Translation:The students have difficulty hearing the professor.
I have been wondering the same and checked a few pages. It seems that in Norwegian "å vente" can mean: wait, await, anticipate. There are several ways in which it connects with other words in the sentence.
You can have no "follow up", so sentences such: I am waiting (Jeg venter), Can you wait here a few minutes? (Kan du vente her noen minutter?), Wait and see (Vent og se)
You can have a noun after and then you need to use "på" after, such as: I am waiting for you (Jeg venter på deg), They are waiting for the ambulance (De venter på ambulansen)
You can have a verb after and then you need to use "med": Jeg venter med å rydde til morgen, Jeg kan ikke vente med å snakke med ham.
There are more complicated use cases that I found such as: Middagen venter! (The dinner is ready, it's "waiting"), You can expect ("anticipate") me at 6 (Du kan vente meg klokka seks)
I'm not Norwegian so it would be good to have some confirmation from a native :)
It looks good to me! :)
In the sense of anticipating/expecting it can also be used with a noun after it without a "på", but you're correct in saying that it would require a "på" if the meaning is "to wait".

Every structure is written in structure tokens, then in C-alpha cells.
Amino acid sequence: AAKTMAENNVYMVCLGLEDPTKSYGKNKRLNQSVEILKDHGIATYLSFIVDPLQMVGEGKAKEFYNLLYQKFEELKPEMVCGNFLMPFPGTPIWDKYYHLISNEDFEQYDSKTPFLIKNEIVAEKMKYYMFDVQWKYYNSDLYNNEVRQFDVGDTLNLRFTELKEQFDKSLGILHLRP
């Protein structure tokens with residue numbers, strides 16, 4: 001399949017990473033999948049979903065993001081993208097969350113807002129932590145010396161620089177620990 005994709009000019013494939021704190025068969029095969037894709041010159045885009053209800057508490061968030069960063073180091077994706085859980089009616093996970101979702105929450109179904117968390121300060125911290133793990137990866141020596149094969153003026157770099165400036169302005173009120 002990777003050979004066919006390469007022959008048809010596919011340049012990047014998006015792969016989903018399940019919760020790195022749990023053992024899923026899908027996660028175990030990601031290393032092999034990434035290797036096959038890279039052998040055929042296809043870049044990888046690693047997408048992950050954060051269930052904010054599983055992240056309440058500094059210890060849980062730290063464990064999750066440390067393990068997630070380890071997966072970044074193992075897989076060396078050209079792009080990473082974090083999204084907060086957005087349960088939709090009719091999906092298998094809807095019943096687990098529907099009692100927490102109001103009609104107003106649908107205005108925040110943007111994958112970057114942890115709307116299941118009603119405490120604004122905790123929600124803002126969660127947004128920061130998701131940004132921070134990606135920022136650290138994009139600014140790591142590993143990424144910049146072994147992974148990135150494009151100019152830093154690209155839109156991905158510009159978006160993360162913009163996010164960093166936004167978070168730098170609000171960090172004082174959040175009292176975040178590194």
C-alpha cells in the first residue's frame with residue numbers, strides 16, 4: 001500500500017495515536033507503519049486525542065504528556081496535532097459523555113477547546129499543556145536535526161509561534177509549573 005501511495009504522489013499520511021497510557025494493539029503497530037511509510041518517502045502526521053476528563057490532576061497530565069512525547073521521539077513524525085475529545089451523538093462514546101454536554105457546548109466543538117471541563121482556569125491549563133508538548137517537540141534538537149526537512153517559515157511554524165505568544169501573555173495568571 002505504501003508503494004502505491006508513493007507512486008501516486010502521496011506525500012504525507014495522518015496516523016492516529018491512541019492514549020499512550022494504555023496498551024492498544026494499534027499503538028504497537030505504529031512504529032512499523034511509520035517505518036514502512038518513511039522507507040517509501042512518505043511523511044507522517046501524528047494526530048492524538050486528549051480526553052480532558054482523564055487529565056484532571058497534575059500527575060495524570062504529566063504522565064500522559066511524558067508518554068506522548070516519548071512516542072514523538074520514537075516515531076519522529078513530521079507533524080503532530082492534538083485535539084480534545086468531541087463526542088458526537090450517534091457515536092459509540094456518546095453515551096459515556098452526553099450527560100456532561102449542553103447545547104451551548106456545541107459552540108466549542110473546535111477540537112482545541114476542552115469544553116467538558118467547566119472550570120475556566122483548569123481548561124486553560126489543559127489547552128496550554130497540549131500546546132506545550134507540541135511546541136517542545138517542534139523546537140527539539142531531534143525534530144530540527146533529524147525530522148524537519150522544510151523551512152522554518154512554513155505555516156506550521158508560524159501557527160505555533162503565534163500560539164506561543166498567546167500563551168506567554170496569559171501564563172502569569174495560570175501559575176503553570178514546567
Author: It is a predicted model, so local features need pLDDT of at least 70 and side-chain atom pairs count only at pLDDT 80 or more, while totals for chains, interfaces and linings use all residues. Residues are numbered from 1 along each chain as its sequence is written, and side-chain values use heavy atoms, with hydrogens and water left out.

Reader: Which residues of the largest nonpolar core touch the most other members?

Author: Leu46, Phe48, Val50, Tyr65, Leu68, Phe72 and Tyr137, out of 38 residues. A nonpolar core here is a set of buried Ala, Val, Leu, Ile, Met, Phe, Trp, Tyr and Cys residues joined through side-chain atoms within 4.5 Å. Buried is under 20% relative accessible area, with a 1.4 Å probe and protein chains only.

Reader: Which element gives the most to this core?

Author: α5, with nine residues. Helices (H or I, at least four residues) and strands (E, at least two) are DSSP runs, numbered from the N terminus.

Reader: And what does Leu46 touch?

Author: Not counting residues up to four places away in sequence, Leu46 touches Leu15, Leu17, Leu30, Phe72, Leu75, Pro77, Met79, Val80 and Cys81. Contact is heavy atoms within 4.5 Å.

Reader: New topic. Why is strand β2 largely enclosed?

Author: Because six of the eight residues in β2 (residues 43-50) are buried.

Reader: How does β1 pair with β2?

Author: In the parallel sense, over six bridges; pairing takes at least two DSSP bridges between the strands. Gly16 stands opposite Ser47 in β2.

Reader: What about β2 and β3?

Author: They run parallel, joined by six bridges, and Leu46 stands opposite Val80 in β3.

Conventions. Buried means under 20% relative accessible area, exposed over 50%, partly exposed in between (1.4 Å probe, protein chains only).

General/Impersonal statements about anticipation/expectation are often prefaced by "Det ventes...", which could translate to "It's expected to/We're expecting/You can expect.." depending on the context:
"Det ventes regn (/å regne) i morgen."
"It's expected to rain tomorrow."
in English, a 'teacher' is anyone that teaches, and that includes professors, mentors. Even a teenager that teaches piano every week after school is a 'teacher.' a 'professor' is usually a university-level teacher, maybe someone that holds lectures or seminars. Their role is more academic than, for example, a primary school teacher, and you will often act more formally towards them than other types of 'teachers'
Australian here: Yes! It sounds more polite than "I can't hear" or "It's too hard/difficult to hear", and is the proper way to convey that message to, for example, your professor, co-worker, or boss.
To our friends, we would probably just say "I can't hear you," or "I can never hear what you are saying", or something similarly direct.